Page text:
2013-0504.beer-festival-hobbitsPlum Creek, Michigan, USA — Marsha (St. Joanna the Myrrhbearer) Winthrop brought back the Paschal greeting in a new language, which she learned on a spring vacation in Idaho.

She told fellow worshipers that she attended Holy Week and Pascha services at All Saints of Middle Earth Church in Mystic Lake, Idaho, a town of about 4,000, whose residents live in four ethnic neighborhoods.

“The priest of All Saints, Father Fred (Frodo the Ringbearer) Higgins, was a nice little guy with a deep bass voice and really big feet,” she said of the church where she spent Holy Week during her vacation in a largely Mormon section of Idaho. “He told me that their grandparents were immigrants, but I wasn’t clear where they were from, somewhere in Europe I think, because he kept referring to their new home as the Western Havens. I got the impression they were escaping from a war or something. Maybe World War II.”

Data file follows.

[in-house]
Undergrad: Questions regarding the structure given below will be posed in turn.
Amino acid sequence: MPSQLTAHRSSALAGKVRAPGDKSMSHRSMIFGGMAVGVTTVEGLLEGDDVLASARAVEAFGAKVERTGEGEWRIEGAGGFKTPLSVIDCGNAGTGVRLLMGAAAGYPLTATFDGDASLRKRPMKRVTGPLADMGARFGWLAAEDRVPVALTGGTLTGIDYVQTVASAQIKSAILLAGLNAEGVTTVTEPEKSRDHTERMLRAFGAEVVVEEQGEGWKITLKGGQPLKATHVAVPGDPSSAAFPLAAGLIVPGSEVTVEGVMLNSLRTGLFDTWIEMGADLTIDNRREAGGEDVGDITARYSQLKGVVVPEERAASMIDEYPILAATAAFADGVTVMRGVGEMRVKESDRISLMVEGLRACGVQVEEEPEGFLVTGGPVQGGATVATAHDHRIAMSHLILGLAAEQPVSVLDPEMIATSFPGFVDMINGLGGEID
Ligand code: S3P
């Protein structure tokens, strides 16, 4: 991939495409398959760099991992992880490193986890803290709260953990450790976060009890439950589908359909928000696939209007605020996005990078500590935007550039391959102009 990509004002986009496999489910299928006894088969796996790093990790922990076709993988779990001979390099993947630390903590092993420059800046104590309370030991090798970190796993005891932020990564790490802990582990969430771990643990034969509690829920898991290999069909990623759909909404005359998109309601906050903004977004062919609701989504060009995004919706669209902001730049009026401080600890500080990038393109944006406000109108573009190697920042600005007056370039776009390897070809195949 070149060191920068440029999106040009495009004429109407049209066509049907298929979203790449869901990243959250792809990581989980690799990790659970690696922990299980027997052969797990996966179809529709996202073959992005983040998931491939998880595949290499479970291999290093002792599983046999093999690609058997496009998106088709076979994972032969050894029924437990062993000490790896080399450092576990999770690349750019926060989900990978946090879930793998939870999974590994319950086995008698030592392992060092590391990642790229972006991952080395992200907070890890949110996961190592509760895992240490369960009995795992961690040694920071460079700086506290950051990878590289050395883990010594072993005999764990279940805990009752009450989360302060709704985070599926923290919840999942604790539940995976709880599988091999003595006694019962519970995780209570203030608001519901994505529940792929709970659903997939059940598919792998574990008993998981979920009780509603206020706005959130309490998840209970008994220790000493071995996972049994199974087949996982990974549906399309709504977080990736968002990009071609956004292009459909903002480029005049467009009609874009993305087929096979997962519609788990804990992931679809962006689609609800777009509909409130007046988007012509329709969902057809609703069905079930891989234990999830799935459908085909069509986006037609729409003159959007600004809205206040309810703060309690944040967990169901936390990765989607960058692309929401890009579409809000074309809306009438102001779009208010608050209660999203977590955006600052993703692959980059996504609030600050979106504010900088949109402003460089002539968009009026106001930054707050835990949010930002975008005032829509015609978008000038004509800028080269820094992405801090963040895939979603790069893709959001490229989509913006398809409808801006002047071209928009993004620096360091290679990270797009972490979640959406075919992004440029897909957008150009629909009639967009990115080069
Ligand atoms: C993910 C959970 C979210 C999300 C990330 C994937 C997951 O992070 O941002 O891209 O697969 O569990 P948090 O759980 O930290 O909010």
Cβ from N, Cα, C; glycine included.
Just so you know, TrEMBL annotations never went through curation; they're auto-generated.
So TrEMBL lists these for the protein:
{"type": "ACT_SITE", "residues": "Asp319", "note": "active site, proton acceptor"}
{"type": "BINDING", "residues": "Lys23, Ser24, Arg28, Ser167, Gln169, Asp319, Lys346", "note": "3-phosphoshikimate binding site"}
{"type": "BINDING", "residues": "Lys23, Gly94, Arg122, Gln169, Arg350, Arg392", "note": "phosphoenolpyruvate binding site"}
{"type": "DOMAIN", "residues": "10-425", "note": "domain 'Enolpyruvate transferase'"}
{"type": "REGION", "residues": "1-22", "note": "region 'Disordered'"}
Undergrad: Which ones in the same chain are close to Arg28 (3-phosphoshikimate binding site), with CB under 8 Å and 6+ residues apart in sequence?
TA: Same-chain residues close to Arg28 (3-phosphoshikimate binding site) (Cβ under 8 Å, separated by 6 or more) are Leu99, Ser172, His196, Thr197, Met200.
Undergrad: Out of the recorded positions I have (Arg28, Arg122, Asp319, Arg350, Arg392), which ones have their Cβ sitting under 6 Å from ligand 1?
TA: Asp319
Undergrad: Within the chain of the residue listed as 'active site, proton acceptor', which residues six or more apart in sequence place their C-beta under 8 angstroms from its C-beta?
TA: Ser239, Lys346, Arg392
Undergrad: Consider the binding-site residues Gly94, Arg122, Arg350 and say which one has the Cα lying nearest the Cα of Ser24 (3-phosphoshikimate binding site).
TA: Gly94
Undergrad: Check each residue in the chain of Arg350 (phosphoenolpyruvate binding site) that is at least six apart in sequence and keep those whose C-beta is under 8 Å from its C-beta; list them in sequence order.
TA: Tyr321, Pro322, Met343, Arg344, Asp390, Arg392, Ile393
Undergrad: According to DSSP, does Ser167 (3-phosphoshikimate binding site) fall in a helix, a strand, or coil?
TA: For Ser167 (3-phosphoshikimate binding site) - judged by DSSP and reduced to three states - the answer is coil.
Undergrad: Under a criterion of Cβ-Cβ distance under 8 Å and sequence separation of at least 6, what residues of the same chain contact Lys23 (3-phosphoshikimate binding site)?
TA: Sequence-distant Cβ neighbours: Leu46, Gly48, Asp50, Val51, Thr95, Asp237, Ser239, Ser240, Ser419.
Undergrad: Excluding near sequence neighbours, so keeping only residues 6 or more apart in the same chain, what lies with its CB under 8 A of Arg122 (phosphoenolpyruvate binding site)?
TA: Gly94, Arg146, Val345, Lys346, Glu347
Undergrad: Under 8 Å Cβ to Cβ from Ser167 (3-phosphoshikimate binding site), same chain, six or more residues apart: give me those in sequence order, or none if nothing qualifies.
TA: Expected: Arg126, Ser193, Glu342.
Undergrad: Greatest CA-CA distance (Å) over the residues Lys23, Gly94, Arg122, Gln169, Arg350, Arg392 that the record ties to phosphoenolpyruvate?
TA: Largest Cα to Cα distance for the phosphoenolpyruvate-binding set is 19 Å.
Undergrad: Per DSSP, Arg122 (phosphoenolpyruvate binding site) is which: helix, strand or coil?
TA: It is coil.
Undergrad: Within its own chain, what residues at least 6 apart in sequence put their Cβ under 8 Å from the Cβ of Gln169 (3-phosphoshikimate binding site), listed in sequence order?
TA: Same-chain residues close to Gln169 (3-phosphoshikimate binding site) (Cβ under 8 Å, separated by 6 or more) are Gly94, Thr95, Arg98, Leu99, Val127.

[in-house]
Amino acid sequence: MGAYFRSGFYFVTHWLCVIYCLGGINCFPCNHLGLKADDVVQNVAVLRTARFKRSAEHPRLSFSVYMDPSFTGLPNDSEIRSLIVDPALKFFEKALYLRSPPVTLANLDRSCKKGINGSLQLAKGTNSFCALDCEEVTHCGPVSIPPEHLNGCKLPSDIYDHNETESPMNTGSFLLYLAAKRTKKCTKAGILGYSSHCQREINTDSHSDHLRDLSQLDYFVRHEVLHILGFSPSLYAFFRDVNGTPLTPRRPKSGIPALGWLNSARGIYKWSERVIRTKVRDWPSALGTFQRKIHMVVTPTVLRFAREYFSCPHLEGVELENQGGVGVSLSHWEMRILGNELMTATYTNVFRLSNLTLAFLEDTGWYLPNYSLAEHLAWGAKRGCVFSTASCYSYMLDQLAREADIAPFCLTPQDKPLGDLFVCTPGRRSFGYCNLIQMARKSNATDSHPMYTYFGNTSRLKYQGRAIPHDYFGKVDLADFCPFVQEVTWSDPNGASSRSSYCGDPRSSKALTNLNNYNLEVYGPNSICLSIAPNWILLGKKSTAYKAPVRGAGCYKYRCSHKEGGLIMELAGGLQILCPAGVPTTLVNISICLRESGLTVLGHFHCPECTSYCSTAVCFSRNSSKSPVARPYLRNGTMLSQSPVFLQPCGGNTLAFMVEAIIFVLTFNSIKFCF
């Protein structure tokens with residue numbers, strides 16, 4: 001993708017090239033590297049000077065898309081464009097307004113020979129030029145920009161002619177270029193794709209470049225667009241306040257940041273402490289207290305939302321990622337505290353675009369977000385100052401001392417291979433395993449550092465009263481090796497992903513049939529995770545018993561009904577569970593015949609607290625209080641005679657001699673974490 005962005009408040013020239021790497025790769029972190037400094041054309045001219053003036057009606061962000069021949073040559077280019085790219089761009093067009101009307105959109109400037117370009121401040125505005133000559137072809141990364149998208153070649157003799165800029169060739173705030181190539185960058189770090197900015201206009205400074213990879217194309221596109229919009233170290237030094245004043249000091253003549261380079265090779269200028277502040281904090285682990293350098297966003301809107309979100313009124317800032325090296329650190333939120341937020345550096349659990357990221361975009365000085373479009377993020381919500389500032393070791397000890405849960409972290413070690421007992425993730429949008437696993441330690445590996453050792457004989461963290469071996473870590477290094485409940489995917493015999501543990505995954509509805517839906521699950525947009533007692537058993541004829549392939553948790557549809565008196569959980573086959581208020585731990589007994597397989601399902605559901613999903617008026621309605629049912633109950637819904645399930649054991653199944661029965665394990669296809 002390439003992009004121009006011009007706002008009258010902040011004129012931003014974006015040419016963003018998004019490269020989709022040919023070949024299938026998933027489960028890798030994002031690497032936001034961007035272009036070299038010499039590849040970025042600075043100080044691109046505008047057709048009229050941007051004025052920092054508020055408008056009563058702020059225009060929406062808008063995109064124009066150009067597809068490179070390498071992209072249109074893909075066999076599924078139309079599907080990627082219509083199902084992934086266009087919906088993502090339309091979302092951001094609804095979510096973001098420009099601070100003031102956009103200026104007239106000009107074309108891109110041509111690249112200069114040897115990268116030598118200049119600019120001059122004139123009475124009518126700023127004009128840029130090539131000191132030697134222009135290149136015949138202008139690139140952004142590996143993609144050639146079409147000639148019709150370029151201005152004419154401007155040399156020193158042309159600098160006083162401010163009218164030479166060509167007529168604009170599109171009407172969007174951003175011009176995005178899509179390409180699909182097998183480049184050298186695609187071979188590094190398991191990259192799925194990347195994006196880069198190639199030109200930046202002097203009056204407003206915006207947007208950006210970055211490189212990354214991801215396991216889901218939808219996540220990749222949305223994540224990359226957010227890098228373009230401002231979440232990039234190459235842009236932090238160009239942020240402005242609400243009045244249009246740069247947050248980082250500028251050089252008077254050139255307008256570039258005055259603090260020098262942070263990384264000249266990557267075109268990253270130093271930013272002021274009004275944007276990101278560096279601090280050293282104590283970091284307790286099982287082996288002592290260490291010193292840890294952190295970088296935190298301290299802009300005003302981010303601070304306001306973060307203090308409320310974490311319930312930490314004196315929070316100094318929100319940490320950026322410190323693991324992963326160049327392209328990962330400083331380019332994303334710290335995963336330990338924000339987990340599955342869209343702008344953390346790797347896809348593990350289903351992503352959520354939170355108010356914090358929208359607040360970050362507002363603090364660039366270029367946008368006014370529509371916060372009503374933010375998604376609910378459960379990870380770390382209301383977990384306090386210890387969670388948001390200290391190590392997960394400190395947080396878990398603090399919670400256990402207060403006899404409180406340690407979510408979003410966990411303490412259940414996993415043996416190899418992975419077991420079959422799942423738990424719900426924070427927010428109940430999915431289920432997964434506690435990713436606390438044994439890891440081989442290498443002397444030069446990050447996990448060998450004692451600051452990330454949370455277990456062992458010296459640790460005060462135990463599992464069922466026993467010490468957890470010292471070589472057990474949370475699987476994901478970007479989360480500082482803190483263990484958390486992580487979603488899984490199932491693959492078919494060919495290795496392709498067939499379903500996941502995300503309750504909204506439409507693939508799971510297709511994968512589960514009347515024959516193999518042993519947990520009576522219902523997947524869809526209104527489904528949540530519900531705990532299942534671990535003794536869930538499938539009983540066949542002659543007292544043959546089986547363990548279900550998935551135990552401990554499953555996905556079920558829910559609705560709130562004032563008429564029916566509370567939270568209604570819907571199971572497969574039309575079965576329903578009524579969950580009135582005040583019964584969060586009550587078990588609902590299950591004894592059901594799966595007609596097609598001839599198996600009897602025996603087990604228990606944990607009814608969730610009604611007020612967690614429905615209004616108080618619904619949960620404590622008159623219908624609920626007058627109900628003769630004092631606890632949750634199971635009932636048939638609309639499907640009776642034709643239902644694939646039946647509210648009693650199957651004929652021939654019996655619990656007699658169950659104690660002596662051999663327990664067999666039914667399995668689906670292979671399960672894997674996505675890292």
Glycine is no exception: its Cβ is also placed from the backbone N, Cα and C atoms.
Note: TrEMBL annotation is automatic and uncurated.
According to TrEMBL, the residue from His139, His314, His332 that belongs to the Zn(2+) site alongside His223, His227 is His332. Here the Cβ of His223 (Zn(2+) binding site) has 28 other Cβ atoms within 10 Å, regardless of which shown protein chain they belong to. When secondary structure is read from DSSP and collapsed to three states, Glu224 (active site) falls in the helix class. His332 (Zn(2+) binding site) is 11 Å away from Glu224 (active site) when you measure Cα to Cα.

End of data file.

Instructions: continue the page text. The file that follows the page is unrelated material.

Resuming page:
She said she found the Paschal banquet entertaining, with a lot of food and many varieties of beer. She especially liked the fireworks, she said, which reminded her of a display she saw at Disneyland.

Although she was unfamiliar with the ethnic groups in Mystic Lake, she said that their affectionate rivalry reminded her of her home parish, St. Anthony of the Desert here, which is a blend of Russian, Greek, Lebanese and Romanian, with some American converts mixed in. The different groups there were almost as distinctive as the ones in her home parish, with two tending to be short and more heavy-set and another tending to be thinner and more fair-skinned. One ethnic group seemed more like the people she saw in Boise, she said.